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Discussion Starter · #1 ·
Does SCOTUS have the power to declare the Bill of Rights null and void due to a "compelling government interest"?
 

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I don't think so but it won't stop them from trying.
 

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Sure they do. That is the first part of the strict scrutiny analysis. See Korematsu v. United States. Concentration camps = A-OK.
 

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Discussion Starter · #4 ·
Sure they do. That is the first part of the strict scrutiny analysis. See Korematsu v. United States. Concentration camps = A-OK.
I suspected so. Excuse me :puke:
 

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Like a Boss
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SCOTUS has upheld many laws that seem to me to pretty clearly violate the plain text of the Bill of Rights. Even the "strict scrutiny" standard allows the court to uphold laws that violate the Constitution if the government proves it's really, really important and there's no better way to do what they want to do. So I think the clear answer to your question is "yes, it has that power and exercises it frequently."

On the other hand, SCOTUS has no explicit Constitutional authority to rule on the constitutionality of laws in the first place. If Marbury v. Madison had been decided differently, it's possible that SCOTUS would not have the authority to apply judicial review, and no law could ever be overturned in the courts for violating the Constitution. So the alternative question is "does SCOTUS have the power to nullify laws that violate the Bill of Rights?", and the current answer is "yes, it has that power and exercises it at least some of the time", which is probably better for our rights than "no, it doesn't have that power."
 

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SCOTUS doesn't even have the authority to interpret the constitution, much less declare parts of it void. they illegitimately gave themselves that authority not long after the constitution was signed (marbury vs madison).

government disregarding the law and over-reaching for power didn't just begin recently. it has been their very nature from the beginning.
 

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GeePeeDoHolic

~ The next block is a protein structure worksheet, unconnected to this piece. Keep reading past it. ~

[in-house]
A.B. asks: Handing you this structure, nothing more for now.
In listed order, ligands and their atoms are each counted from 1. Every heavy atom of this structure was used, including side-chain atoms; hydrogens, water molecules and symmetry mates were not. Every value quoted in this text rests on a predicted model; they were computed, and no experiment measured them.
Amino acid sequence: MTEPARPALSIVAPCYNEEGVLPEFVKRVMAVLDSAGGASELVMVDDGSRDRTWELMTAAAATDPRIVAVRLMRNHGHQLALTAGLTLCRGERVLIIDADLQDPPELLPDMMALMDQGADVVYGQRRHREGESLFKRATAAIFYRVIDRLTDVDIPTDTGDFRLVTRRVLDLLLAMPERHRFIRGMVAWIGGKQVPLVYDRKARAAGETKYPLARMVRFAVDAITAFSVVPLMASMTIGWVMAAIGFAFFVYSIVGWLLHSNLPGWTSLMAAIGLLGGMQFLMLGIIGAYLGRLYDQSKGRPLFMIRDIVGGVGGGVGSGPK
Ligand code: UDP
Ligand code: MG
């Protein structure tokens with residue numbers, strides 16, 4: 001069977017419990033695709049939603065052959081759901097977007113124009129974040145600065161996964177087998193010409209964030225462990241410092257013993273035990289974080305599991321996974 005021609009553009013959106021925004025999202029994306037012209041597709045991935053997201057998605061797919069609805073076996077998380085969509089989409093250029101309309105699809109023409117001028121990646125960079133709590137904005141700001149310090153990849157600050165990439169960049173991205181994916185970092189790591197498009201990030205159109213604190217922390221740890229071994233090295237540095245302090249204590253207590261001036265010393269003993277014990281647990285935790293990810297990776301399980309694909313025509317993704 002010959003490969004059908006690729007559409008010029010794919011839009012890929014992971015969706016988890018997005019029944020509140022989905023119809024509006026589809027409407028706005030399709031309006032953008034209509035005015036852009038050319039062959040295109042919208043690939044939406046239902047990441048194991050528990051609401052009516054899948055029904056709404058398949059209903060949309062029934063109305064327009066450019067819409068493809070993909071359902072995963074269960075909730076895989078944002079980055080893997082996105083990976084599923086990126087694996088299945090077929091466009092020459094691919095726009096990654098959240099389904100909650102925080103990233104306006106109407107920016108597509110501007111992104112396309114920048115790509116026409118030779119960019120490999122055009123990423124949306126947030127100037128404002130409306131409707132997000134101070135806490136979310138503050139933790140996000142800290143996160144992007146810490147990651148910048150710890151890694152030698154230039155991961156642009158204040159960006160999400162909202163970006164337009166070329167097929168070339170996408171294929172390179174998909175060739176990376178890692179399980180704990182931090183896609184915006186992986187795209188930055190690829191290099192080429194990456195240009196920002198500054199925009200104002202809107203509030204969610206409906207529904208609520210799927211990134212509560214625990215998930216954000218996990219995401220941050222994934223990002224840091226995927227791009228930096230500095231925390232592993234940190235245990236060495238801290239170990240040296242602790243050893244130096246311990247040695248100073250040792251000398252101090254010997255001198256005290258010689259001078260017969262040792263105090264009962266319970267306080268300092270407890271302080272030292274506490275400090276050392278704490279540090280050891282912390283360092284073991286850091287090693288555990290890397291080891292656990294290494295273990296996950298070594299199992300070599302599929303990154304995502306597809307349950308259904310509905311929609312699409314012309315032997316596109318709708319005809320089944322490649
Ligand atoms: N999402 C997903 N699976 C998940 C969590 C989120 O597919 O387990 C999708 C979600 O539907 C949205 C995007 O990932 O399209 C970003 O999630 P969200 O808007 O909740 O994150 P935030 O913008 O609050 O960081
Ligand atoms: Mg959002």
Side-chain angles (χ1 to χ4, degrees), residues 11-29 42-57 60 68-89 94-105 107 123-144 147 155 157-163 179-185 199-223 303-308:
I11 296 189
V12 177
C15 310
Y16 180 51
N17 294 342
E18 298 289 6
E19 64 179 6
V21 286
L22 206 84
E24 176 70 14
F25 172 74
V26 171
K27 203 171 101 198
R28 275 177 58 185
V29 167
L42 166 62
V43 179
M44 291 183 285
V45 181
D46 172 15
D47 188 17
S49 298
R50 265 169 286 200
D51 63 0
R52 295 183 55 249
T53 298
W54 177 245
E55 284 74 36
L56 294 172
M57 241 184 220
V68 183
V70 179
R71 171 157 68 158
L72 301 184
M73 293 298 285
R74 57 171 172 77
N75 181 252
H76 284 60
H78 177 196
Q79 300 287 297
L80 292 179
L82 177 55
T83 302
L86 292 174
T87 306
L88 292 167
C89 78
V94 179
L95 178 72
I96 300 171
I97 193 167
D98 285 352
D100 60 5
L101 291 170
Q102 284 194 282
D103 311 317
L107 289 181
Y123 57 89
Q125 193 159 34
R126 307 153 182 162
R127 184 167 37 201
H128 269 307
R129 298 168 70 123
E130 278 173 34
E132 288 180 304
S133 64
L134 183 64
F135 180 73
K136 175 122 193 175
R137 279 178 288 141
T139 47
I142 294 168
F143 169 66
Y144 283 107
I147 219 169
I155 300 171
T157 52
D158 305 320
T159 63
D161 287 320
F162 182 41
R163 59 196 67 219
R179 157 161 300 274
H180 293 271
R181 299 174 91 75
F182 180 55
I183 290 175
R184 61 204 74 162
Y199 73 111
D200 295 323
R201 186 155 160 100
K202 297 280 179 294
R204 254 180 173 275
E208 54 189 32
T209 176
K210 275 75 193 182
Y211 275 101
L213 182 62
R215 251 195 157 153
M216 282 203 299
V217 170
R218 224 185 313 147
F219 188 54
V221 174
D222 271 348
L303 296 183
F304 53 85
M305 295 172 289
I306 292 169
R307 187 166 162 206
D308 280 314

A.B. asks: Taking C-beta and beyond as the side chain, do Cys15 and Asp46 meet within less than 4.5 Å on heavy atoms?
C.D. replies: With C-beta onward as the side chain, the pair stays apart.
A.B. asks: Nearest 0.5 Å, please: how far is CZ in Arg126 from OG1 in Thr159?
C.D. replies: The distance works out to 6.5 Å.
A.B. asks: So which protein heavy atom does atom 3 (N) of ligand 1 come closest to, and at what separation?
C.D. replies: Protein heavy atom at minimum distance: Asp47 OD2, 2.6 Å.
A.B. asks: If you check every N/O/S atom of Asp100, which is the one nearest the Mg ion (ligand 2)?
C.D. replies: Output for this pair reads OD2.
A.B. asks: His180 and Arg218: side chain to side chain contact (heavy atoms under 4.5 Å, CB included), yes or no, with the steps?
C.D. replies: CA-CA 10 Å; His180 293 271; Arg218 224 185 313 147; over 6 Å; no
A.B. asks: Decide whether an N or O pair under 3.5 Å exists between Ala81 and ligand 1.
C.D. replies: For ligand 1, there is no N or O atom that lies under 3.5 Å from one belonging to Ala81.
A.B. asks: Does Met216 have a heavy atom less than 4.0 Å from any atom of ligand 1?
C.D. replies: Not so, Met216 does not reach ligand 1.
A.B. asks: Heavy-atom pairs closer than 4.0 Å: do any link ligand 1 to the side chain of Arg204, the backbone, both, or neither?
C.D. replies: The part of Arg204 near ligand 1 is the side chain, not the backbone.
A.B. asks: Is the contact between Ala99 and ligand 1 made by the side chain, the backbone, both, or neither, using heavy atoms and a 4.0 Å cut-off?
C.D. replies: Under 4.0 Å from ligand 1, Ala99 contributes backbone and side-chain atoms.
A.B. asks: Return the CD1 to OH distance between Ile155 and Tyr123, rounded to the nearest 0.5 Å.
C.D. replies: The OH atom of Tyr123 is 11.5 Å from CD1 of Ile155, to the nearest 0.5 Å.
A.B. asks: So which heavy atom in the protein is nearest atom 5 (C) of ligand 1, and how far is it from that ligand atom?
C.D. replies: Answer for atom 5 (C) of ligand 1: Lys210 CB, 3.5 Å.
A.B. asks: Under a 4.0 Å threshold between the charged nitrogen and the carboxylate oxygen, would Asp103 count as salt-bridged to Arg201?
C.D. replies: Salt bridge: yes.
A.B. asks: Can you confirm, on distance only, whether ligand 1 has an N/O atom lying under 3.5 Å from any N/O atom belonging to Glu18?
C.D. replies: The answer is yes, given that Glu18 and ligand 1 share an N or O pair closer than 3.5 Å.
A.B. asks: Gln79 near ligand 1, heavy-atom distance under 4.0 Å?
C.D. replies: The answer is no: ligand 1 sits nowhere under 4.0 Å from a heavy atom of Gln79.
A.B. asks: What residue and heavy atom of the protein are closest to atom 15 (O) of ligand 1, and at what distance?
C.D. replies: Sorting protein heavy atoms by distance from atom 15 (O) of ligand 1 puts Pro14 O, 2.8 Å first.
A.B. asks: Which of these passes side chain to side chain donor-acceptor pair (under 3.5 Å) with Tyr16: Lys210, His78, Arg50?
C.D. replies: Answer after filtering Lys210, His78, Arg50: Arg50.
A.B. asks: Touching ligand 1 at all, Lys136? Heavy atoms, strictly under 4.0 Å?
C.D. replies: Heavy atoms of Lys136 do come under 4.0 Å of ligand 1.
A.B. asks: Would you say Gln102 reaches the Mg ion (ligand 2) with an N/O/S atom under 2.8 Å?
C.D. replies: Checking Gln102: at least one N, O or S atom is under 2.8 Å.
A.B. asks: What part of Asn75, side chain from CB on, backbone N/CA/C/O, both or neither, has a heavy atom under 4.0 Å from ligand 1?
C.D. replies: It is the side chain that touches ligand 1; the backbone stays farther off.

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Declaring the entire BoR "null and void" is a bit far-reaching. In this particular case, they ruled against the government, as the penalty (loss of citizenship) was not constructed to provide the citizen with due process guaranteed in the 5A. But their statement below declares that the government absolutely has the powers delegated to it.

Kennedy v. Mendoza-Martinez
372 U.S. 144 (1963)
While it confirms citizenship rights, plainly there are imperative obligations of citizenship performance of which Congress in the exercise of its powers may constitutionally exact. One of the most important of these is to serve the country in time of war and national emergency. The powers of Congress to require military service for the common defense are broad and far-reaching, for, while the Constitution protects against invasions of individual rights, it is not a suicide pact. Similarly, Congress has broad power under the Necessary and Proper Clause to enact legislation for the regulation of foreign affairs. Latitude in this area is necessary to ensure effectuation of this indispensable function of government.
https://supreme.justia.com/cases/federal/us/372/144/case.html

Just declare an act "necessary and proper" and you're golden.

Article I Section 8 said:
The Congress shall have Power ... To make all Laws which shall be necessary and proper for carrying into Execution the foregoing Powers, and all other Powers vested by this Constitution in the Government of the United States, or in any Department or Officer thereof.
 

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SCOTUS doesn't even have the authority to interpret the constitution, much less declare parts of it void. they illegitimately gave themselves that authority not long after the constitution was signed (marbury vs madison).

government disregarding the law and over-reaching for power didn't just begin recently. it has been their very nature from the beginning.
This. Also, thanks for the info, MP.

Government has been over-reaching since the beginning when it was created, shortly after 1776.
 
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